The Invisible Disaster
What a couple of weeks!
A glance at the news informs us that the northwest third of the US is on fire and the southeast third is underwater. A glance at the calendar reminds us that sixteen years ago, our generation came face to face with its own Pearl Harbor experience.
Once again, the lines we draw between ourselves and those unlike us got erased by a common empathy for human life. The events are ugly. The responses are beautiful. Sad that it takes such destruction for us to actually love our neighbors as ourselves. Heartwarming that when we get hit this hard, we really do show love for one another.
Are you aware of the ongoing invisible disaster? As you watched news of areas impacted by these events, how often did the idea of deaf access cross your mind?
Perhaps you saw the short peeks into local press conferences, where the sign language interpreters were cut through by the edge of the camera’s view. Maybe you celebrated that those in the room or watching locally were getting clear information in a visually accessible language. Maybe you grumbled at the cameramen and editors about the need to keep the whole interpreter on the screen for the whole presentation. Most likely, you got the information you needed through your ears, then let your vicarious frustration fade (because it must).
Perhaps you saw the video of the lifeguard who was way (WAY) out of his depth, trying to share critical information with people like his deaf brother. That didn’t work so well, but it’s quite a useful example of the difference between someone who “knows a little sign” and a qualified interpreter.
Perhaps you saw the video of the deaf interpreter whose facial expressions tickled funny bones across the country. None could miss the emphasis he put on the need to evacuate. This was partnership between a hearing interpreter off camera and a deaf interpreter on camera, ensuring complete and accurate transmission of the message in American Sign Language. (Including grammar, syntax, and inflection critical to clear delivery.)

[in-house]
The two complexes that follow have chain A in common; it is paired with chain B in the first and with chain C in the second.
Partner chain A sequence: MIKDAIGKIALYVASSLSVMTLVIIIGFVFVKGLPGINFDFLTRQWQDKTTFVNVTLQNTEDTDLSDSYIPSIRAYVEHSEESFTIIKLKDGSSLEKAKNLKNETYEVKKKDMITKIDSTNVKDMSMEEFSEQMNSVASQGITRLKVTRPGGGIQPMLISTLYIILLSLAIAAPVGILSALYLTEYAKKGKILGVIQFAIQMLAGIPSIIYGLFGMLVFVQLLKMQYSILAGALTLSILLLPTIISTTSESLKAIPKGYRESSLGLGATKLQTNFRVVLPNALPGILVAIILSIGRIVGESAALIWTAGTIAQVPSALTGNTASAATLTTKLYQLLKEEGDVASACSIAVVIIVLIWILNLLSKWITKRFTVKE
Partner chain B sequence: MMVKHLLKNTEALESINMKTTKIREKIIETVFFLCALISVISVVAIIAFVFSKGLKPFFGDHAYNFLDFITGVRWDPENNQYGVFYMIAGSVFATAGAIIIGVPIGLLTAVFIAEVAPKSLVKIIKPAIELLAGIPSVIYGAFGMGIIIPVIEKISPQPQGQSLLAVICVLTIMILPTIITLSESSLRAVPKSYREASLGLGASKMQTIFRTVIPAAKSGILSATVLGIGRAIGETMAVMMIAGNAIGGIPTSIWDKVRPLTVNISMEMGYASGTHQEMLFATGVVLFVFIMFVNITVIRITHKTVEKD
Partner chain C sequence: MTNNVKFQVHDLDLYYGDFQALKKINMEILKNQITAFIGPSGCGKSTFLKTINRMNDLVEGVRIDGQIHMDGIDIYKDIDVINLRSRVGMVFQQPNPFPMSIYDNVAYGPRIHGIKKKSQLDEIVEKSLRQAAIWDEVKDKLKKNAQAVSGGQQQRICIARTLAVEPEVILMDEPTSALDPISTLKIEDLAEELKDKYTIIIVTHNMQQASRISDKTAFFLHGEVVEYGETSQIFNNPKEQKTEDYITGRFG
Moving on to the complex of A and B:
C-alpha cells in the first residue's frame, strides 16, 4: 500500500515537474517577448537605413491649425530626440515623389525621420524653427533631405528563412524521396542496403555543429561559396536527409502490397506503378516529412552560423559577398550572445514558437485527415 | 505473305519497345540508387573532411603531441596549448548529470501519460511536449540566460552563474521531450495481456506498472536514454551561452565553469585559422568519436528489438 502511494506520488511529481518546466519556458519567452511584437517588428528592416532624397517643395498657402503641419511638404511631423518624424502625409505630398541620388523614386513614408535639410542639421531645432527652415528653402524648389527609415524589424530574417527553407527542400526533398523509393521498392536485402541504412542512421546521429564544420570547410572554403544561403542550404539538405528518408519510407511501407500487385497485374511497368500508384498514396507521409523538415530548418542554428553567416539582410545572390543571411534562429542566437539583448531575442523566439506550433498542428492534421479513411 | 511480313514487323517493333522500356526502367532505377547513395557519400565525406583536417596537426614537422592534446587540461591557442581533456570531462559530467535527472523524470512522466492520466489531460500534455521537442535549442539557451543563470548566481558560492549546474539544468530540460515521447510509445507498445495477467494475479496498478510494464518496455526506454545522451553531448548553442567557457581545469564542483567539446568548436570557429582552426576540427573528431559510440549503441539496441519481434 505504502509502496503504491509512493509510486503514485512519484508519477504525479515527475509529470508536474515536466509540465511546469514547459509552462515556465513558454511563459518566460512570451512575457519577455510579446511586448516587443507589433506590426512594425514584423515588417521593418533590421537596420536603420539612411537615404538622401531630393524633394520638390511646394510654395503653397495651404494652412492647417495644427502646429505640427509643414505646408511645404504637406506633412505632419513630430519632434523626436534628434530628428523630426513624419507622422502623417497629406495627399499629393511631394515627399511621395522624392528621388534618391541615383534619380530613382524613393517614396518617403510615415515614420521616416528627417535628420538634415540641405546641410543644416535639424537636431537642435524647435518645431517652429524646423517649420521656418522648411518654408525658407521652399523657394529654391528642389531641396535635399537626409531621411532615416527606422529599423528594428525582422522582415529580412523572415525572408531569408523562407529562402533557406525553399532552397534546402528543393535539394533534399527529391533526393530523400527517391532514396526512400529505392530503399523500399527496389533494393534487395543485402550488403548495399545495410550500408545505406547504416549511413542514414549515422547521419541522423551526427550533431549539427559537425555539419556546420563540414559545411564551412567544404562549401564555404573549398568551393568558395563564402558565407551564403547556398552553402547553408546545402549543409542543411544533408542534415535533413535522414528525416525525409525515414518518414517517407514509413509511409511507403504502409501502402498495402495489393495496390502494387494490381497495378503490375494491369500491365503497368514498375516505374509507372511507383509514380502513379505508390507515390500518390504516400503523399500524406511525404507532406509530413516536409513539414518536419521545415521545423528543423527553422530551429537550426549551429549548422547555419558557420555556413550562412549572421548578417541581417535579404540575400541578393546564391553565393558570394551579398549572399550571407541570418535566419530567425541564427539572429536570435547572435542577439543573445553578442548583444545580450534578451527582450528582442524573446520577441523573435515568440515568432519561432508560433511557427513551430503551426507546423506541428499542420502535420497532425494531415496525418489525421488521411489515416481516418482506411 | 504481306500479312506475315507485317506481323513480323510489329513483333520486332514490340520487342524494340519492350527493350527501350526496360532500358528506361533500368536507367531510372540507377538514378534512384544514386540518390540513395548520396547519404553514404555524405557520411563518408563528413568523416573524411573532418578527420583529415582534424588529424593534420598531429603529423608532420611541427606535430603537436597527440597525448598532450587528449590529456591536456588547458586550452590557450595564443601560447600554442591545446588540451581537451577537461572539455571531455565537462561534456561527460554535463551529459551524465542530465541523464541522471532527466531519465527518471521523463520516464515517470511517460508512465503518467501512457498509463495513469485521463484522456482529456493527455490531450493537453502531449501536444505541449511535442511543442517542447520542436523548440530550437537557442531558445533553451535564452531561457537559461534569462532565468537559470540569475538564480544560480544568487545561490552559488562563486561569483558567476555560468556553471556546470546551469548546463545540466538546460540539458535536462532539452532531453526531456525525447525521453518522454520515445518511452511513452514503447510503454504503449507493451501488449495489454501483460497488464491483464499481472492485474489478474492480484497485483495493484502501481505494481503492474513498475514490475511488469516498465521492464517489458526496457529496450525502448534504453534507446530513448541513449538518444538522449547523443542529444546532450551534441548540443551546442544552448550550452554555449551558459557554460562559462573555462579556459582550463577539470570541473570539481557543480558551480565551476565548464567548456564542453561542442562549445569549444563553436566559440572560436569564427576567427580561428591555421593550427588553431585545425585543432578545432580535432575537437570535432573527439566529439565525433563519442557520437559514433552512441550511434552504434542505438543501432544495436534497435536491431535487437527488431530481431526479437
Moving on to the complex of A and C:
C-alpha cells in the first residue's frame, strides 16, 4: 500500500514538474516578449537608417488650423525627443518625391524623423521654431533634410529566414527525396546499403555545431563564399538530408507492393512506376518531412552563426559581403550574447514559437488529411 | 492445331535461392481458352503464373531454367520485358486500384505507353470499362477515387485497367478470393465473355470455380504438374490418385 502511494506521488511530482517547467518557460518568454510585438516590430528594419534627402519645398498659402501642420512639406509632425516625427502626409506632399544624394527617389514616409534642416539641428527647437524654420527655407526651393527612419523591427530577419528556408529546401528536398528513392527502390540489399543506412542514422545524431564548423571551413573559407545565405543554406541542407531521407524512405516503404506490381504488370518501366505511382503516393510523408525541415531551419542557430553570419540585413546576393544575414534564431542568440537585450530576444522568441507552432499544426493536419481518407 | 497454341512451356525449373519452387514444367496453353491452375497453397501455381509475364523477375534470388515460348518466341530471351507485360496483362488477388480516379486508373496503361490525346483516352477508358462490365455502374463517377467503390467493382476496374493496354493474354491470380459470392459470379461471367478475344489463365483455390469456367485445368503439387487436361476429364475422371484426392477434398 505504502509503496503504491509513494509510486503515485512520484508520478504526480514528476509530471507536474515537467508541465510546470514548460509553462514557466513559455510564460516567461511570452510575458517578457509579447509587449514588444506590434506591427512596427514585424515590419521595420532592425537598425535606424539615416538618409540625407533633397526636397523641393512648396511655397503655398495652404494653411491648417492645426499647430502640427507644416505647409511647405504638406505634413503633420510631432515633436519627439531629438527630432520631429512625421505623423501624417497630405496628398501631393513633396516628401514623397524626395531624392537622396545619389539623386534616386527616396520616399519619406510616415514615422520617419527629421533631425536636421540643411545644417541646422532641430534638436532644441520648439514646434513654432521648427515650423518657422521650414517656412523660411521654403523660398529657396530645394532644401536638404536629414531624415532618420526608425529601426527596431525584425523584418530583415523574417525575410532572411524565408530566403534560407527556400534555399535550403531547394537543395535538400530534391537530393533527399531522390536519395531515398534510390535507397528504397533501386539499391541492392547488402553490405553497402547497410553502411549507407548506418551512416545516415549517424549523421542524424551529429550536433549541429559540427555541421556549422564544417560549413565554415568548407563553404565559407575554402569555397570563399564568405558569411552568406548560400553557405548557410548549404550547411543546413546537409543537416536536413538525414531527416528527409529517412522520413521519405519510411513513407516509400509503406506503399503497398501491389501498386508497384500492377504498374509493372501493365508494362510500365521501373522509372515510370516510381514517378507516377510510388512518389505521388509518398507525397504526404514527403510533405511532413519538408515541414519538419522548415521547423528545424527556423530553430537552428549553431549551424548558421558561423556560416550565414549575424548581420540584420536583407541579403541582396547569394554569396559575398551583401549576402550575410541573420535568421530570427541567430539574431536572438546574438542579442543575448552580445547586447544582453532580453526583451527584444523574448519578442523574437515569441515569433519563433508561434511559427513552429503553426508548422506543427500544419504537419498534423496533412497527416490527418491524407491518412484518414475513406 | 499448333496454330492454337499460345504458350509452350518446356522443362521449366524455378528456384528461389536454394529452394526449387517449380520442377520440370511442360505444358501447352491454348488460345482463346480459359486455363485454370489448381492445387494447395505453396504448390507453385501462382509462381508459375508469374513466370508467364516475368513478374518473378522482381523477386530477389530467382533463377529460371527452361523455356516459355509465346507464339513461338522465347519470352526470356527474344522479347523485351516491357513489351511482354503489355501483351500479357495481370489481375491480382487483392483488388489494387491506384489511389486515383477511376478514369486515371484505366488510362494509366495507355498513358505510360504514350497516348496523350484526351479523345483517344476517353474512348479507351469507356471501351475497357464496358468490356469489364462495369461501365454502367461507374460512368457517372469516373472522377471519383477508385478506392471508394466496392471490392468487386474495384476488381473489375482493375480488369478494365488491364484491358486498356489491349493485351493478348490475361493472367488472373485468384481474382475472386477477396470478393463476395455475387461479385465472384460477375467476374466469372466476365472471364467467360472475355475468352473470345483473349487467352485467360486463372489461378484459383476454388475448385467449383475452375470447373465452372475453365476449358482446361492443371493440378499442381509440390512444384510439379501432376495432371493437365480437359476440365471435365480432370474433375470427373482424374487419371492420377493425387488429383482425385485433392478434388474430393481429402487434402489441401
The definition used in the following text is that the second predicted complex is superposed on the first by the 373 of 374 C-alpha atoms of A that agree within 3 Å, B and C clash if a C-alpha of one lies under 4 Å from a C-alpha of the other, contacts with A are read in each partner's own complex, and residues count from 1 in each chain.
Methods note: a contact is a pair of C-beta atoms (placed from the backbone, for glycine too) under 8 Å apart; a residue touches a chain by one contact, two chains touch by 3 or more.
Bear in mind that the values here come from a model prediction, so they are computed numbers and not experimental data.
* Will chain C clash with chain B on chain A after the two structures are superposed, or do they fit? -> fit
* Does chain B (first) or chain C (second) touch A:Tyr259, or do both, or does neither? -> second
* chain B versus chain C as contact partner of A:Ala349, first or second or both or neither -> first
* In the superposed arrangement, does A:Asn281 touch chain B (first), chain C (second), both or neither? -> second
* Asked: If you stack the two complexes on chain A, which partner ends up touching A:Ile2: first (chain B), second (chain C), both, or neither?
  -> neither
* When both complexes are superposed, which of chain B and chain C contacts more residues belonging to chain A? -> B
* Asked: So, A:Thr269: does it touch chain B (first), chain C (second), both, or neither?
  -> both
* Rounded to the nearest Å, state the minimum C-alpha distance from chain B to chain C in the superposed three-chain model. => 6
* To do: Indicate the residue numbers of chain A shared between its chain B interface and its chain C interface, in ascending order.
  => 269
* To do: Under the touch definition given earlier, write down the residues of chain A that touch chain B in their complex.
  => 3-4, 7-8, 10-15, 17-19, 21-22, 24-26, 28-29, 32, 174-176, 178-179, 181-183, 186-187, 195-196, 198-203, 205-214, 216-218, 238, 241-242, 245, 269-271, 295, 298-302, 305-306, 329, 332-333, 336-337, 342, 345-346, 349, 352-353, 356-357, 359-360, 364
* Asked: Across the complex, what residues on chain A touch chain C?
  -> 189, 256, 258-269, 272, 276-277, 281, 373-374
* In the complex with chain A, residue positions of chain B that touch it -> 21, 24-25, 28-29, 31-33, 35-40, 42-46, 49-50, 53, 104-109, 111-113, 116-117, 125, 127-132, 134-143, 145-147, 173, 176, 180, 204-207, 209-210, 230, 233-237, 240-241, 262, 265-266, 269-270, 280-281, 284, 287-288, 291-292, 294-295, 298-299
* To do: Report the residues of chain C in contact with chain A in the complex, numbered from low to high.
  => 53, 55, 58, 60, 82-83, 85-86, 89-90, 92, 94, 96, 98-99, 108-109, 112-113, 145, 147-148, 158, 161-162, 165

Thanks to those who recognized the need and contracted the professionals, and to those professionals who were willing to stay in dangerous areas to serve this mostly invisible language group. Because of these combined efforts, deaf locals had the information they needed to respond just like their hearing neighbors. They were able to save their priority valuables and their lives.
Now, ask yourself this question: With less than five percent of churches having any kind of deaf ministry, and many of those served by sincere people like our hapless lifeguard, how will your deaf neighbors get the information they need to save their souls?
The impact of most disasters is localized and fades after a few decades. The impact of this ongoing invisible disaster is eternal for over 90% of the deaf population worldwide.
If you can’t be an interpreter, be an advocate. Learn how to love your deaf neighbors. Don’t wait for the next disaster.